United States of America, Plaintiff-appellee, v. John A. Delaporte, Defendant-appellant, 42 F.3d 1118 (7th Cir. 1994)

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US Court of Appeals for the Seventh Circuit - 42 F.3d 1118 (7th Cir. 1994) Argued Oct. 13, 1994. Decided Dec. 19, 1994

Tina Nommay, Asst. U.S. Atty. (argued), Fort Wayne, IN, for plaintiff-appellee.

James J. Abbs (argued), Emerick & Diggins, Kendallville, IN, for defendant-appellant.

Before POSNER, Chief Judge, and BAUER and FLAUM, Circuit Judges.

POSNER, Chief Judge.

The defendant was sentenced to 12 years in prison for raising marijuana and for a related firearm offense. He contends that some of the evidence used against him had been obtained by Indiana law enforcement officers in violation of an Indiana law governing telephone warrants and had been turned over to federal prosecutors. He points out that a federal officer who obtains evidence in violation of federal law can be enjoined from using the evidence in a state criminal prosecution, Rea v. United States, 350 U.S. 214, 76 S. Ct. 292, 100 L. Ed. 233 (1956), and he argues that evidence obtained in violation of state law should likewise be barred from use in a federal prosecution. Rea has little or no contemporary significance, now that the exclusionary rule of the Fourth Amendment applies to state as well as federal prosecutions. Mapp v. Ohio, 367 U.S. 643, 81 S. Ct. 1684, 6 L. Ed. 2d 1081 (1961). But it has not been overruled.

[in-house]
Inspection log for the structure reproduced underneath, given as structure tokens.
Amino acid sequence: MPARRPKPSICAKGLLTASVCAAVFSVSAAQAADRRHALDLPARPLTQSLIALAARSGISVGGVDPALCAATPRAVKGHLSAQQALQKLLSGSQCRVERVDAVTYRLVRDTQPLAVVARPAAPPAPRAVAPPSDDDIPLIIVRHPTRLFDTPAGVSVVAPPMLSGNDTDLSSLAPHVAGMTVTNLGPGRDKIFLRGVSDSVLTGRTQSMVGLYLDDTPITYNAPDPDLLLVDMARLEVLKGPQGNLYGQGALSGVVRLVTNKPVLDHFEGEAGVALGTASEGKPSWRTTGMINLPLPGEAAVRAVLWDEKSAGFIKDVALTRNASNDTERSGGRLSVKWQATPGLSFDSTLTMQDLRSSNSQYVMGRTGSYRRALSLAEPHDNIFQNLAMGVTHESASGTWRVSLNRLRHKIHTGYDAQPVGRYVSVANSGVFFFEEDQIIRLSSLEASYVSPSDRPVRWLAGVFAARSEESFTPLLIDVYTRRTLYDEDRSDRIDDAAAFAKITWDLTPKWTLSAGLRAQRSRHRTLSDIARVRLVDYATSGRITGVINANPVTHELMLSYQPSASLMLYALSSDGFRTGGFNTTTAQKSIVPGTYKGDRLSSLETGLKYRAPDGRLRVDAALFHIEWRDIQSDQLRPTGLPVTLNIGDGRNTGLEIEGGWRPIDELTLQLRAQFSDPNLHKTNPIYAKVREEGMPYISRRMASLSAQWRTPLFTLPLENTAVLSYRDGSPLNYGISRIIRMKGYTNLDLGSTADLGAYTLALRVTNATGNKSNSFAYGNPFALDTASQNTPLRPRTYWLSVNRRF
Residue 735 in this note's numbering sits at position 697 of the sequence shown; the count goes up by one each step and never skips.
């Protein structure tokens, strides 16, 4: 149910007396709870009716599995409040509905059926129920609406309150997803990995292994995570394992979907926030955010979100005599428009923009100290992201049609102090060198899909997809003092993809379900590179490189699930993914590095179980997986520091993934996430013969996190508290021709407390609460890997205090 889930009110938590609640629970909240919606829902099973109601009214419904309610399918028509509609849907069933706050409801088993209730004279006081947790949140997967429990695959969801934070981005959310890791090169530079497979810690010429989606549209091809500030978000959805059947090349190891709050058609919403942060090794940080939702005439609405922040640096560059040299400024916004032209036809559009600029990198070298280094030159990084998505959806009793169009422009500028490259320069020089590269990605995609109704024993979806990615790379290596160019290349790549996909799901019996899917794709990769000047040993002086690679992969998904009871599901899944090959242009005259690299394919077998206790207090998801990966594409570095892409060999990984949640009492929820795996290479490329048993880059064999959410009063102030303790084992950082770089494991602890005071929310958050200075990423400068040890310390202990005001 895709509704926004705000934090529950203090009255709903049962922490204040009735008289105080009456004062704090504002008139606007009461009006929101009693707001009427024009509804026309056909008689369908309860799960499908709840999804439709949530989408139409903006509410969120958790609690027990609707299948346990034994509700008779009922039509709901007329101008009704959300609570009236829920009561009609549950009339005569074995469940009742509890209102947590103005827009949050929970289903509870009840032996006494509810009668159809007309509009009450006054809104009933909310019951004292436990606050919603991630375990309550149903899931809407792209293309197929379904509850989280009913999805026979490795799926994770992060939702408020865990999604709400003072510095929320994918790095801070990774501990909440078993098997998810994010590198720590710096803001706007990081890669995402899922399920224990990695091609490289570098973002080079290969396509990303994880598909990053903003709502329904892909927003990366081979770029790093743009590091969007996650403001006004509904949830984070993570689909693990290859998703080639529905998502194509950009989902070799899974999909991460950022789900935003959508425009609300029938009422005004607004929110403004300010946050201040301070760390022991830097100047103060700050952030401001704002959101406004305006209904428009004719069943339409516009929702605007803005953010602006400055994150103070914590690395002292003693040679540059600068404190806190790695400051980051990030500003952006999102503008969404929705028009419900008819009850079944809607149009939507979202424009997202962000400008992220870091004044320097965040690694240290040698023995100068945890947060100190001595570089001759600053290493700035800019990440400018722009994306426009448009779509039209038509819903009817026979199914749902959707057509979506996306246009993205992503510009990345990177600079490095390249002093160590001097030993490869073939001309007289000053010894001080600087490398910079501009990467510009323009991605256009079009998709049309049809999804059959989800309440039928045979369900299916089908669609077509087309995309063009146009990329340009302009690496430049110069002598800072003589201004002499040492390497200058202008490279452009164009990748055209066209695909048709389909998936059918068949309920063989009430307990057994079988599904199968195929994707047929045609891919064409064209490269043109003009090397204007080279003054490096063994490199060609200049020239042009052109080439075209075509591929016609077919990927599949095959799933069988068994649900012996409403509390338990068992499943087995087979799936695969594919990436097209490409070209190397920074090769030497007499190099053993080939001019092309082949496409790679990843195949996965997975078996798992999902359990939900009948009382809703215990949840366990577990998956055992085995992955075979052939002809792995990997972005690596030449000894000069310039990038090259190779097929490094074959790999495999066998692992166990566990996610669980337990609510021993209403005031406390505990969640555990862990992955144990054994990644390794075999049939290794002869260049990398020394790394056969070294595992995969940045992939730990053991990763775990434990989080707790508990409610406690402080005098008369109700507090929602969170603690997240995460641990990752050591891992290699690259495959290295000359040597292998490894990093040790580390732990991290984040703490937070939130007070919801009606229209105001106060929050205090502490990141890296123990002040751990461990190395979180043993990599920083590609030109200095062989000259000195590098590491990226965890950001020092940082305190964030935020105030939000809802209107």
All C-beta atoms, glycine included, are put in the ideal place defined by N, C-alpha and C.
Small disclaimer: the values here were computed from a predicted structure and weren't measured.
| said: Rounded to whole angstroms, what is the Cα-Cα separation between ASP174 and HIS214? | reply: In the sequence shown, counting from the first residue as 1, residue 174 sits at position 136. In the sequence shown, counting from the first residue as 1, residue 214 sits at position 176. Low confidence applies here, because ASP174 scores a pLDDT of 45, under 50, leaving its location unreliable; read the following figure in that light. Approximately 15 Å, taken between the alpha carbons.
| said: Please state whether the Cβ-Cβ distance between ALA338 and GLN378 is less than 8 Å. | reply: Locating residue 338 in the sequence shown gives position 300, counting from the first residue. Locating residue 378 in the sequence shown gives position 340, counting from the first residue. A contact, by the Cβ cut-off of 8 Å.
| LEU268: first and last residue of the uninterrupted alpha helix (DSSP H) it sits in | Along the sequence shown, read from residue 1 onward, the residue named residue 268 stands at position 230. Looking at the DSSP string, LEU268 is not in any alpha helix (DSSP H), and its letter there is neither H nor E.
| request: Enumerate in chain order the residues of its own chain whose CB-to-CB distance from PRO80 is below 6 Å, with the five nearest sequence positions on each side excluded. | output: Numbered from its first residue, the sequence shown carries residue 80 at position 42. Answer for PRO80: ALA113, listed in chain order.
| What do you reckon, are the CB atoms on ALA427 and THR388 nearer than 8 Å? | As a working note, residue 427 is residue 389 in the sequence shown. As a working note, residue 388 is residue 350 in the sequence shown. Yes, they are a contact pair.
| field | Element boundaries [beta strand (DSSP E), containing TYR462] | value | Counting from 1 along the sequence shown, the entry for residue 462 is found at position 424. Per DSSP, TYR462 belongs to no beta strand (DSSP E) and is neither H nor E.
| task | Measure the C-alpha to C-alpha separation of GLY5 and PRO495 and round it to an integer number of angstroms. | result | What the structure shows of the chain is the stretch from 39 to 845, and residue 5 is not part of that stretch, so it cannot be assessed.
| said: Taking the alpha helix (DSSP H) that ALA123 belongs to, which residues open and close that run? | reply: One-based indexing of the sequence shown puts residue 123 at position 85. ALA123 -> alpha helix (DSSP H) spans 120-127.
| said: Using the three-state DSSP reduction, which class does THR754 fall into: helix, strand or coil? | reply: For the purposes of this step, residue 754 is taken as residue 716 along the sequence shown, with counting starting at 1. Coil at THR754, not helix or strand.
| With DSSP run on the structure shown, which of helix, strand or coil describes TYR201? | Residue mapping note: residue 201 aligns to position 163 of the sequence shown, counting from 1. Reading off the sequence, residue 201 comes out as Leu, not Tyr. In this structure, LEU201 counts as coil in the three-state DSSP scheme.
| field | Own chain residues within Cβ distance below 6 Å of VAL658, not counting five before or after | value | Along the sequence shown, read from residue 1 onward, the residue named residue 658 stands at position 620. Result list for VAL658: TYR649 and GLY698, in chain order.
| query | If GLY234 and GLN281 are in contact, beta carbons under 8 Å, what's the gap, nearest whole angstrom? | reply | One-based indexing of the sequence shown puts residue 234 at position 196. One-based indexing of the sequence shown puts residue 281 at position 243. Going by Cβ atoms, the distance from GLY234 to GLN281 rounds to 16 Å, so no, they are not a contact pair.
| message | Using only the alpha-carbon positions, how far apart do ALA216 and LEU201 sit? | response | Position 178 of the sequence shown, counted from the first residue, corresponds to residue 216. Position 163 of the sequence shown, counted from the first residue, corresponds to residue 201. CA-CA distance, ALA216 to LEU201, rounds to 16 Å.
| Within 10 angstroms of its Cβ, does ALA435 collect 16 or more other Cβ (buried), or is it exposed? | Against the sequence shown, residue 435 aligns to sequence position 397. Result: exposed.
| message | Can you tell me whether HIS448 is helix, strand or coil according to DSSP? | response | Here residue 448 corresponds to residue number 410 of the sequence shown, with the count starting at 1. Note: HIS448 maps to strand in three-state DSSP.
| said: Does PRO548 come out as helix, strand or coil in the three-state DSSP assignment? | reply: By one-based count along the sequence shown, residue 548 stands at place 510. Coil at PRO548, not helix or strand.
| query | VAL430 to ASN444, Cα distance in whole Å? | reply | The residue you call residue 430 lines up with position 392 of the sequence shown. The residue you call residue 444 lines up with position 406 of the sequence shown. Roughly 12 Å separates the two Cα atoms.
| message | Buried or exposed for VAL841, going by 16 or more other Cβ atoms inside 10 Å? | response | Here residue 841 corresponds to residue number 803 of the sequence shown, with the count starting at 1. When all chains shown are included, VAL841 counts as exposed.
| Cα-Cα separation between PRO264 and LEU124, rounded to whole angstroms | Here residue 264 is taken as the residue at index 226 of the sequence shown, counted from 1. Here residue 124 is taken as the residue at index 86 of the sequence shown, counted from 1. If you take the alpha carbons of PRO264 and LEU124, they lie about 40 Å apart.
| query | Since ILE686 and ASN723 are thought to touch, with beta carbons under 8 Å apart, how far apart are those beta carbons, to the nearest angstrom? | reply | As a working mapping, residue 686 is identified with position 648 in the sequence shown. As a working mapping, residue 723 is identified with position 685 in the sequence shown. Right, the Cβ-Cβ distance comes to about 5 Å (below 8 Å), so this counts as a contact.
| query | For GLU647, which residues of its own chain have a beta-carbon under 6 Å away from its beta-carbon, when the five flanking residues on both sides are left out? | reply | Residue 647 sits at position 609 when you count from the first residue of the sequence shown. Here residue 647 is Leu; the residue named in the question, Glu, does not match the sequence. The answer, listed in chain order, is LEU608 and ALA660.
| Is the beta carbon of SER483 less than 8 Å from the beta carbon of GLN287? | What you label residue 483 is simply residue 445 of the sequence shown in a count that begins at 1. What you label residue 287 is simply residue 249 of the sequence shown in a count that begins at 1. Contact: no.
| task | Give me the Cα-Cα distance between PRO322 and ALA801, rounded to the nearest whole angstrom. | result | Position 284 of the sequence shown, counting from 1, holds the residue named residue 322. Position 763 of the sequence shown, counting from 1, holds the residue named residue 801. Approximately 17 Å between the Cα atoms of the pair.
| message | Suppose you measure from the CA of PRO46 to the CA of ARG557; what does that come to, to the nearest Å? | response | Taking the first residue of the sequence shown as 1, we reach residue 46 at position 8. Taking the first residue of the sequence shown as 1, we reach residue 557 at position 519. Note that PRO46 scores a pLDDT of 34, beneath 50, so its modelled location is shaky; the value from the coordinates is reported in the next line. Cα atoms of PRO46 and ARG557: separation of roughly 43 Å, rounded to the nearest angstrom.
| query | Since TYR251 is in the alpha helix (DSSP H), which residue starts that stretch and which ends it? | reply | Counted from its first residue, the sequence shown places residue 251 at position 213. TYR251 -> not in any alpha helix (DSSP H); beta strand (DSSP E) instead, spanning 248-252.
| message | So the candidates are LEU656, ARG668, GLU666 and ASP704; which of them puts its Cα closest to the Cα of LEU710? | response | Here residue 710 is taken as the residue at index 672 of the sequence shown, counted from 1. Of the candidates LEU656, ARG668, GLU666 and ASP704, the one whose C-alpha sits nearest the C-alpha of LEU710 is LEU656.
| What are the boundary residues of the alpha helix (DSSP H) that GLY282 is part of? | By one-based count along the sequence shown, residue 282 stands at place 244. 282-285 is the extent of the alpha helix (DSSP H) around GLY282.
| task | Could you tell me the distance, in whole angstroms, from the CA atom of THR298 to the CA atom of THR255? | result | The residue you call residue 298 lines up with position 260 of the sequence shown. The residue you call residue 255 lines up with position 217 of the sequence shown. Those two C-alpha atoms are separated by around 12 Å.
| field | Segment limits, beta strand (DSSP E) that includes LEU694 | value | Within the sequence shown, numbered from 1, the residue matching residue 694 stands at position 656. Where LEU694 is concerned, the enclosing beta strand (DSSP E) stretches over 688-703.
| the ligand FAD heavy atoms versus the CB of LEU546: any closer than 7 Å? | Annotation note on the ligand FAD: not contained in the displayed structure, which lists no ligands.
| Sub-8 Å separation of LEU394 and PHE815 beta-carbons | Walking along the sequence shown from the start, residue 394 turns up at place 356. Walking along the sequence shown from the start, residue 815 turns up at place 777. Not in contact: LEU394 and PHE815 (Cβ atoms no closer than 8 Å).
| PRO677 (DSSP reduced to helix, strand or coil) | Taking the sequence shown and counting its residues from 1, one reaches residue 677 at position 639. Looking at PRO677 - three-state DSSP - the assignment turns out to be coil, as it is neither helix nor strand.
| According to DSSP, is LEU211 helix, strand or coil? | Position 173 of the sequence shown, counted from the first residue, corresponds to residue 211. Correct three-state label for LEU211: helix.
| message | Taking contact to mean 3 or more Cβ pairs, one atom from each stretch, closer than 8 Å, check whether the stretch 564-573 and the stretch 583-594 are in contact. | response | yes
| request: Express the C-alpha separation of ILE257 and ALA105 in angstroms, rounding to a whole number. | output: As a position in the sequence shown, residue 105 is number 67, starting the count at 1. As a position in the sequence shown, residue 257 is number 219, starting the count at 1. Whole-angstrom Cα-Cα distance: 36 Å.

Appealingly symmetrical as Delaporte's argument is, it has been repeatedly, and we think rightly, rejected. Gordon v. Degelmann, 29 F.3d 295, 301 (7th Cir. 1994); United States v. Sutherland, 929 F.2d 765, 769-71 (1st Cir. 1991); United States v. Wilson, 36 F.3d 205, 208 (1st Cir. 1994); United States v. Mota, 982 F.2d 1384, 1387 (9th Cir. 1993). The federal government has an interest in preventing its officers from violating federal law, but it has no interest in preventing state officers from violating state law. If the warrant in this case had failed to comply with the requirements of federal law, Delaporte would have had a federal defense to the use of the evidence seized under the warrant in any court, state or federal. But that is not argued. The only violation (if there was one) was of state law. State officers do not by violating state law violate the federal Constitution. Archie v. City of Racine, 847 F.2d 1211, 1217 (7th Cir. 1988) (en banc). So there is no constitutional basis for the defense asserted in this case, Cleary v. Bolger, 371 U.S. 392, 399, 83 S. Ct. 385, 389, 9 L. Ed. 2d 390 (1963), nor any other basis that we can think of. At argument the defendant's lawyer suggested that the basis was comity; that the federal government should not invite violations of state law by providing a forum in which the violators can use the fruits of their violations. Given the considerable overlap between state and federal drug laws, the argument has a certain bite. State law enforcement officers who violate state law without at the same time violating federal law will often be able to turn over the fruits of their violations to federal law enforcement officers who will as it were do the state officer's prosecuting, only in federal court.